Wallingford does put such social issues above even the economy in this election, and the gay marriage debate has only bolstered his views and his support of Romney, who opposes same-sex marriage.
"No. 1 for me is the morals of this country," said Wallingford, who believes his friends and neighbors will feel the same. "He (Obama) just lost this county. There's no way."
The bustling campus of Ohio State University in Columbus is where Obama, little more than a week ago, decided to officially kick off his campaign for re-election. It was a nod to the role young voters played in helping him win Ohio in 2008, but also to the importance of getting that vote out again in 2012.
With a robust gay and lesbian community, Columbus last year was recognized as an "up-and-coming gay city" by readers of the website GayCities.com, while OSU was ranked by Newsweek as one of the top 10 most gay-friendly colleges in the United States.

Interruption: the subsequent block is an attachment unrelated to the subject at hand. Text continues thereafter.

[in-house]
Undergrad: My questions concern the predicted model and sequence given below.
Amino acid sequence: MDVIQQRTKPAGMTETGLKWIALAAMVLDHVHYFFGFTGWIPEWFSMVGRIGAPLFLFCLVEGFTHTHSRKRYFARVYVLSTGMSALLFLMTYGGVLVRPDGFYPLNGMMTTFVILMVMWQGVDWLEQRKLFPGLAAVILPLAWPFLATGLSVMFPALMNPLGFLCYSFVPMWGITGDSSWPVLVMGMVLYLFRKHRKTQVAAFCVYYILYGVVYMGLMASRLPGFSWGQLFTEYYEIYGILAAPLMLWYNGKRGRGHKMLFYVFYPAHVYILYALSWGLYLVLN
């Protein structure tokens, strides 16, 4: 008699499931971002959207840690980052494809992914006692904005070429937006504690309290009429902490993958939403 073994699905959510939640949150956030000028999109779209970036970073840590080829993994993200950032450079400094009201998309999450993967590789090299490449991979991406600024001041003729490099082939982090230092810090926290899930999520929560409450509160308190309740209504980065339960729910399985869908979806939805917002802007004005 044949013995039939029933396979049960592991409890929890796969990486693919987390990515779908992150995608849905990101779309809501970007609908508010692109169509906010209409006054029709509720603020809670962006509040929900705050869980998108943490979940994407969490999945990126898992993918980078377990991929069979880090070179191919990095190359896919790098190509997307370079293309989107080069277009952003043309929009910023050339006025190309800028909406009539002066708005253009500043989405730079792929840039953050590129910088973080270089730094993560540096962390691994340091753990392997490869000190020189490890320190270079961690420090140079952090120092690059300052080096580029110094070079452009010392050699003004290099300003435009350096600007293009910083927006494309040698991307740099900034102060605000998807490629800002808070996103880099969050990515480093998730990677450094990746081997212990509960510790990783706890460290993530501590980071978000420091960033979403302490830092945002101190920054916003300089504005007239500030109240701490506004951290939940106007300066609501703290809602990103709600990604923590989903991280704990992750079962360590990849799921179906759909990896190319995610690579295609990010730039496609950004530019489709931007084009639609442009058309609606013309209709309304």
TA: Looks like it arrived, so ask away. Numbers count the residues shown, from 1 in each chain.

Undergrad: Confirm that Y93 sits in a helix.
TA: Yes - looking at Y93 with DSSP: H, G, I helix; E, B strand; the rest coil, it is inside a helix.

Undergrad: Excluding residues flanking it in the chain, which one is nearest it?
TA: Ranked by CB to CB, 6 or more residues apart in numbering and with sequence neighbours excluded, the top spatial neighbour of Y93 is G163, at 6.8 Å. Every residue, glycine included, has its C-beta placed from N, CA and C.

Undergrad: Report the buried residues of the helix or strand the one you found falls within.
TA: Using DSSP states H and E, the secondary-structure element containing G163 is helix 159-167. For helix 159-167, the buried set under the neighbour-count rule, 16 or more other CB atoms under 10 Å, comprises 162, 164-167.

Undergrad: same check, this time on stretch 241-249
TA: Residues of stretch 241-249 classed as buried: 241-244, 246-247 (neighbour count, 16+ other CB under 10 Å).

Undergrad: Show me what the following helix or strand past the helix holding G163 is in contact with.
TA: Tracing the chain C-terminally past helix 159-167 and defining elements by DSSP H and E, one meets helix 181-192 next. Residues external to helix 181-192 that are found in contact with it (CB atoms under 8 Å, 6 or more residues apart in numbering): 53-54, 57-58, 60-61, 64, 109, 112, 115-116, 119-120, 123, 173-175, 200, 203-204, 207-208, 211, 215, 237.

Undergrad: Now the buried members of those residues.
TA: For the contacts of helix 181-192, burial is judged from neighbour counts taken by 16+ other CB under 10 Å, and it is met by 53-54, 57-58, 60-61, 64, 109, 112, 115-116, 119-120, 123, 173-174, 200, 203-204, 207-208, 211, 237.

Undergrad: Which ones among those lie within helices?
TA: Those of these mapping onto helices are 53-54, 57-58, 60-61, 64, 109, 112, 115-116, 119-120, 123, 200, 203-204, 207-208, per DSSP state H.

If Obama's evolution on gay marriage was meant, at least in part, to invigorate both young and gay voters, he may have succeeded at least with some.
Student David Achille, 25, last year went to New York to marry his partner, Edward, after Ohio in 2004 passed a referendum banning same-sex marriage. One day last week, Achille was standing inside a jail-like cage on the grassy "Oval" where students hang out, dressed in a firefighter costume to raise "bail" money for the gay men's fraternity Sigma Phi Beta.
He heard about Obama's statement on Facebook, then watched for himself on YouTube. He said it "kind of made me rethink everything."